An increasing percentage of the average budget gets spent on technology-related purchases. Is that an inevitable function of the modern world we live in, or an area ripe for some savings?
It's 2009, the economic future is anything but certain, and we're all supposed to be tightening our belts lest our personal fiscal doomsday comes. Yet while we might choose to drive the car less or modify our holiday plans, the odds of our choosing to cut down on spending when it comes to new gadgets and associated services are rather smaller.
Some recent statistics from the Consumer Electronics Association (CEA) — the organisation behind the gigantic CES tech show currently running in Las Vegas — dramatically illustrate the point. Each year, the CEA provides a snapshot of market trends in technology buying at the opening of the show. (Those figures are largely US-centric, but the broad market similarities with Australia still make them a useful general indicator.)
It's no surprise that the overall market forecast is a tad gloomy. CEA economist Shawn DuBravac predicted that consumer spending will be down 0.3% in 2009, a slightly worse result than 2008. However, that doesn't mean that our spending on technology will fall. For the last 30 years, DuBravac explained, consumer electronics have taken up an increasing percentage of the household budget for consumer durables.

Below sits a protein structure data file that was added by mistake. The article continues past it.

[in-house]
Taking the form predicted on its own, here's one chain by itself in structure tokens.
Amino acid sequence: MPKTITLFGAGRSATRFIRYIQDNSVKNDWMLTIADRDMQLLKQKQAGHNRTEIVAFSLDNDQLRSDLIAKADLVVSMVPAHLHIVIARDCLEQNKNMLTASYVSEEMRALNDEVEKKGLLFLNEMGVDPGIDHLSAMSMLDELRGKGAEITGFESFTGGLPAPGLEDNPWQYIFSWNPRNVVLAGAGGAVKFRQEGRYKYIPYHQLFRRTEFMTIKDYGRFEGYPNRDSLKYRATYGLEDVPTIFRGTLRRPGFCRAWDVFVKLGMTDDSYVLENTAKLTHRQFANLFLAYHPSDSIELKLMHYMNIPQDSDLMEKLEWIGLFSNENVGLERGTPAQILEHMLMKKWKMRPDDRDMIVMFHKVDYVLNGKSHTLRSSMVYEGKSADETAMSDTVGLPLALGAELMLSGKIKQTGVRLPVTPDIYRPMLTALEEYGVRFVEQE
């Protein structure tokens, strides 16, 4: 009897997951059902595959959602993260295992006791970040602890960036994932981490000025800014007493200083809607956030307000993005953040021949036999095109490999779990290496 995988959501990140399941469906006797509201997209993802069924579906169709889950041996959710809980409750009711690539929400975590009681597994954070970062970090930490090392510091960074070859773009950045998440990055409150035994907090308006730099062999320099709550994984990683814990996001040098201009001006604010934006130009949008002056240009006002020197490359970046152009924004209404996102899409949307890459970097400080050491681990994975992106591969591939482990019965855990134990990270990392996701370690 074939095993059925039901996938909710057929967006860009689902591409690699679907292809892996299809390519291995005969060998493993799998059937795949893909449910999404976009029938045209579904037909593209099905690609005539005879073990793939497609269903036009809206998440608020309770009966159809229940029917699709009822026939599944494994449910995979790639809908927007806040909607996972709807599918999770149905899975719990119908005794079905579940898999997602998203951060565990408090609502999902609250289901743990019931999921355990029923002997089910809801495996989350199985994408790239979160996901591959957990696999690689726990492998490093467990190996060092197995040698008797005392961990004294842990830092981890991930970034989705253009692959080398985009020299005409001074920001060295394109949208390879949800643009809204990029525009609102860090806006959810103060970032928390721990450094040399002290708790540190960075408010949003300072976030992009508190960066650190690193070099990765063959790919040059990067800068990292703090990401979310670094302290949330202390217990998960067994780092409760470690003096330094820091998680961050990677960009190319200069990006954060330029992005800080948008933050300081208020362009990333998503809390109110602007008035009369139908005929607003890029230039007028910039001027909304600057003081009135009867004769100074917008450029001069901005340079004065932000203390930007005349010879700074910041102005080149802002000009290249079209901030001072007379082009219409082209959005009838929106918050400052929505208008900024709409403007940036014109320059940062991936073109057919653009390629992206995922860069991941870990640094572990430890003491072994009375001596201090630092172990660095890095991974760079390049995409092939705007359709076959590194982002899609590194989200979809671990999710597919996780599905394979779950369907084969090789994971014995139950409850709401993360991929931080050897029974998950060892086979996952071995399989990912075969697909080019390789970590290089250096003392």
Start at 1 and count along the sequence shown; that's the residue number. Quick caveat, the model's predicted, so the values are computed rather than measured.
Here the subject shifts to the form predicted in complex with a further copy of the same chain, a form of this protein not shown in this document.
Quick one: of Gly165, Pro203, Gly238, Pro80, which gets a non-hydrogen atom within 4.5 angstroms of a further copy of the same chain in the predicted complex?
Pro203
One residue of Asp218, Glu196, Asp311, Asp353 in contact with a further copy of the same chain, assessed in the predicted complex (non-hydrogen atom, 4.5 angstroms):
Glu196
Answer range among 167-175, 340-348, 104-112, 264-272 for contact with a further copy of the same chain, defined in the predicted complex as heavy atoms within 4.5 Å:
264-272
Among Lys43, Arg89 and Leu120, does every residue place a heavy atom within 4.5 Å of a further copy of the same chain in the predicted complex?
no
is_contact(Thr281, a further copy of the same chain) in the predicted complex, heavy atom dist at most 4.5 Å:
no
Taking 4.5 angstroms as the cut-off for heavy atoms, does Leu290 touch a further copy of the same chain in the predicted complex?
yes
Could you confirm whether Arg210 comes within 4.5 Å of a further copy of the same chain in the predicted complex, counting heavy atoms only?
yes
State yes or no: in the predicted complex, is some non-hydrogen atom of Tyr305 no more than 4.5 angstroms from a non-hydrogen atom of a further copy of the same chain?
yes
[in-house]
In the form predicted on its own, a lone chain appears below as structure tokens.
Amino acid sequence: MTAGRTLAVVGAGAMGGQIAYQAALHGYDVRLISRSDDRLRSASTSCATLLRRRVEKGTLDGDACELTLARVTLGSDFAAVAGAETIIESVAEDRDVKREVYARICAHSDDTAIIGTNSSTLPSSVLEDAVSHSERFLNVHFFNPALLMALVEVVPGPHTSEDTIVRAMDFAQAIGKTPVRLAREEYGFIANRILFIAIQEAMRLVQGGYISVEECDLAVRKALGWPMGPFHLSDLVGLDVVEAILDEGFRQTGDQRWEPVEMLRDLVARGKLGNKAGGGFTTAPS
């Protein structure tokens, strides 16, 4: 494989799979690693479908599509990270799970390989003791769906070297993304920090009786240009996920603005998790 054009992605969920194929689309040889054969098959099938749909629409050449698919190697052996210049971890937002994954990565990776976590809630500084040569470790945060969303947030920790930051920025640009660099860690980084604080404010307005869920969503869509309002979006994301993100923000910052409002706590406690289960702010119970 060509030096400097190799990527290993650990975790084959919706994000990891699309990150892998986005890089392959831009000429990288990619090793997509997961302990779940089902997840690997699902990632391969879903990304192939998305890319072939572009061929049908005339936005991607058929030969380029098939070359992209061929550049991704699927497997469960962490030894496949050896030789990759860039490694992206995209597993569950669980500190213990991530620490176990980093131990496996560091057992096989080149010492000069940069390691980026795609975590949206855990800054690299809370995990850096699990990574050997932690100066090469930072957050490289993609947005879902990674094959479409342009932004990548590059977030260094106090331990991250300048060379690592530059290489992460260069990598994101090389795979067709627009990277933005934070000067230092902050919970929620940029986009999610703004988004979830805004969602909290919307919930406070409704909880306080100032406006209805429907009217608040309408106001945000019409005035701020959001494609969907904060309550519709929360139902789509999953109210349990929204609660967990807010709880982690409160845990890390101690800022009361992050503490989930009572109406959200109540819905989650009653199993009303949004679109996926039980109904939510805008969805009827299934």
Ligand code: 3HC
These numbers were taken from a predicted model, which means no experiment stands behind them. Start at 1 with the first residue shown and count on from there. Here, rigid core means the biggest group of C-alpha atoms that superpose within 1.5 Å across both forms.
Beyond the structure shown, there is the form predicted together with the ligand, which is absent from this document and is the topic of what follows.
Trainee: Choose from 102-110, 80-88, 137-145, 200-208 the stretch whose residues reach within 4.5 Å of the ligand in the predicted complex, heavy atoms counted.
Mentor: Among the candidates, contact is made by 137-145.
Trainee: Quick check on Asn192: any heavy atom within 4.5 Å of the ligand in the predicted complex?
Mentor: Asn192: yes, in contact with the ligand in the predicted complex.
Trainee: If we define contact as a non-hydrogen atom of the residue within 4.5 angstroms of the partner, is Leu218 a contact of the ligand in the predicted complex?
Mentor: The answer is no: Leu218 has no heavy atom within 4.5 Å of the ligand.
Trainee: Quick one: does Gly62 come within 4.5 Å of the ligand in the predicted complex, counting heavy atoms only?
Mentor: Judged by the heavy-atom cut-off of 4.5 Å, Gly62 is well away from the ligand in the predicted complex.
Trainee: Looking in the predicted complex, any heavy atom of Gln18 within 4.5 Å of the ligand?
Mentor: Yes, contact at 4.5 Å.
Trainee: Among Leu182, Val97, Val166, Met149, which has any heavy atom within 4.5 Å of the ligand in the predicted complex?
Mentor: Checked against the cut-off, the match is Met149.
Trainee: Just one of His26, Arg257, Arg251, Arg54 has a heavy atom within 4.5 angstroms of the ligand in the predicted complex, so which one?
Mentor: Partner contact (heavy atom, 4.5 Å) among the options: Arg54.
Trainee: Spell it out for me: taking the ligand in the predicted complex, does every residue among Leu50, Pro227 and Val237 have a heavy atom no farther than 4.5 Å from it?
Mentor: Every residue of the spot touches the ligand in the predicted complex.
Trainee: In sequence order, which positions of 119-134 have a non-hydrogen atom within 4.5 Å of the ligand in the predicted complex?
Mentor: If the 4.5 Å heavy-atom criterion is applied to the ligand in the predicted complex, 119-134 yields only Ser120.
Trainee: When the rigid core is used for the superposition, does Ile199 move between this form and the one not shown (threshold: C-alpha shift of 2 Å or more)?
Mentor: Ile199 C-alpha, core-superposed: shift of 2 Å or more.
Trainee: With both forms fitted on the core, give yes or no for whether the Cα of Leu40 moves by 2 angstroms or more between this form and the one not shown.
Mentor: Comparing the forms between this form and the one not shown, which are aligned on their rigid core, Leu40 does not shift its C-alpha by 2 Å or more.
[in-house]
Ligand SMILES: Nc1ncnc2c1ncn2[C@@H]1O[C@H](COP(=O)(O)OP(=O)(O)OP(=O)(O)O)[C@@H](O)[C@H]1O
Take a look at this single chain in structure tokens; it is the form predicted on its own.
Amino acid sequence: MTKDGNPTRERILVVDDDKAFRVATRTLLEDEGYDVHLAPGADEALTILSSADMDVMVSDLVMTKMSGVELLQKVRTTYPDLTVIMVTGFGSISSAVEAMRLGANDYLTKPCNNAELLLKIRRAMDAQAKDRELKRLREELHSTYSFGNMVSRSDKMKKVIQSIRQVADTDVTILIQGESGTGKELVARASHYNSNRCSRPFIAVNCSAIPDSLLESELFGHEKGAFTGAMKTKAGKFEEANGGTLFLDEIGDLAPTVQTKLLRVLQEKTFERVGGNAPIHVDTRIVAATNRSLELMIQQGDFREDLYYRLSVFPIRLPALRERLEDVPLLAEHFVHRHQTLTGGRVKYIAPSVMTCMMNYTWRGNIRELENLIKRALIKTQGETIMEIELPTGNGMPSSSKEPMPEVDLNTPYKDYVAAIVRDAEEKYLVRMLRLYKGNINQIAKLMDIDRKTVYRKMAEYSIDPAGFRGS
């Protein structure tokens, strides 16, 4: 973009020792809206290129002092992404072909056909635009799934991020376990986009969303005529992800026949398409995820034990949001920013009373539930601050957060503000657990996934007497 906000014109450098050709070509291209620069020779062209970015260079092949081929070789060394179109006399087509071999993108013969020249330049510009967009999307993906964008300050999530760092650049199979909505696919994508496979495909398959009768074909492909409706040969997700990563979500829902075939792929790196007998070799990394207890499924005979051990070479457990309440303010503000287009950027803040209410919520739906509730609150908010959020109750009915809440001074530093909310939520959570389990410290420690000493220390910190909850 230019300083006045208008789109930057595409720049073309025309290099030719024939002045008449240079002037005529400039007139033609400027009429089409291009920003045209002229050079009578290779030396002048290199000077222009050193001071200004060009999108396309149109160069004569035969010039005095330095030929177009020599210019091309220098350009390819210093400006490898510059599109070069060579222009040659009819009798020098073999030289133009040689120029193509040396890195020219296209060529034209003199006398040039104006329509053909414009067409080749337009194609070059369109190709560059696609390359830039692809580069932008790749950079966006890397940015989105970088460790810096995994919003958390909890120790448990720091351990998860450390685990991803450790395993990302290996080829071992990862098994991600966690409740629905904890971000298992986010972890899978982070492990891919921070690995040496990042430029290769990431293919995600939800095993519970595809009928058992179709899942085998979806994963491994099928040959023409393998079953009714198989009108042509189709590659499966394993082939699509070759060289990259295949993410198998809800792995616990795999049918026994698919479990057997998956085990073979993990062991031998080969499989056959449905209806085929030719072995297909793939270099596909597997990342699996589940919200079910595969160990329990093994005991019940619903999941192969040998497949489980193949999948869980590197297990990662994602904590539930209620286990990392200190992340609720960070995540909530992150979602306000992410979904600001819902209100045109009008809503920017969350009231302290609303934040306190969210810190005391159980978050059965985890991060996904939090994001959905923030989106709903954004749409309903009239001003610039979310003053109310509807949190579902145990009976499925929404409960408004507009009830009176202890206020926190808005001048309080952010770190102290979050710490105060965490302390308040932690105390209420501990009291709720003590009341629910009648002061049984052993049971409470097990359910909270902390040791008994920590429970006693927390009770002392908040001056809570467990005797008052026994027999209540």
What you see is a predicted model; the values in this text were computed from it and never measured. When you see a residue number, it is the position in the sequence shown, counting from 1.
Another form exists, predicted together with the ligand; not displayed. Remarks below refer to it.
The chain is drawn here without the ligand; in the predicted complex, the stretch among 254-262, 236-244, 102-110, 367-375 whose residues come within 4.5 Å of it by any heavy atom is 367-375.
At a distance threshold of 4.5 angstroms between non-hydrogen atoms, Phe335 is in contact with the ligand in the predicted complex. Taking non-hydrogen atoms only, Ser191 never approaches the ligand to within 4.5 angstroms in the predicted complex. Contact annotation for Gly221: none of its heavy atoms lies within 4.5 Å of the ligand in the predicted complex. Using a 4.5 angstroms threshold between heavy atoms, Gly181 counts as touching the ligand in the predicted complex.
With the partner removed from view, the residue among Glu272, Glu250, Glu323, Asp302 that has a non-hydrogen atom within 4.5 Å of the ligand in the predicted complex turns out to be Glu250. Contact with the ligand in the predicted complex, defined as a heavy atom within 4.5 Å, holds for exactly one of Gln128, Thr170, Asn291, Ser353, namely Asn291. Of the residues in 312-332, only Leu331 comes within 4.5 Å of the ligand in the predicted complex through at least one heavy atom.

In 1977, such products accounted for 9% of the average budget. In 2009, that figure is set to be 17%. Factor in the "Moore's Law effect" — spending the same amount of money gets you much more power — and the amount of technology we're effectively purchasing climbs even higher. "Consumers are spending more of their money on technology purchases," DuBravac said.
There's two ways of looking at that trend. One is to take the view promoted by CEA lead analyst Steve Koenig: "Consumer electronics are a necessity." That might be true of mobile phones, Internet connections and PCs. But it's a harder case to make for the predicted top three growth areas for 2009: OLED displays, e-readers and HD camcorders. Most of us already have TVS, access to libraries and cameras in our mobiles.
As a card-carrying geek, I'm not likely to argue the case for tech minimalism, and if you're a Lifehacker regular, chances are you're keen on using technology too. However, chances are also good that you recognise there's plenty of great tech out there which doesn't cost anything, and that there's lots of ways to get better value out of what we already have. That's always appealing, but in the current financial climate, it's a wiser idea than ever.
Lifehacker's weekly Loaded column looks at better ways to manage (and stop worrying about) your money.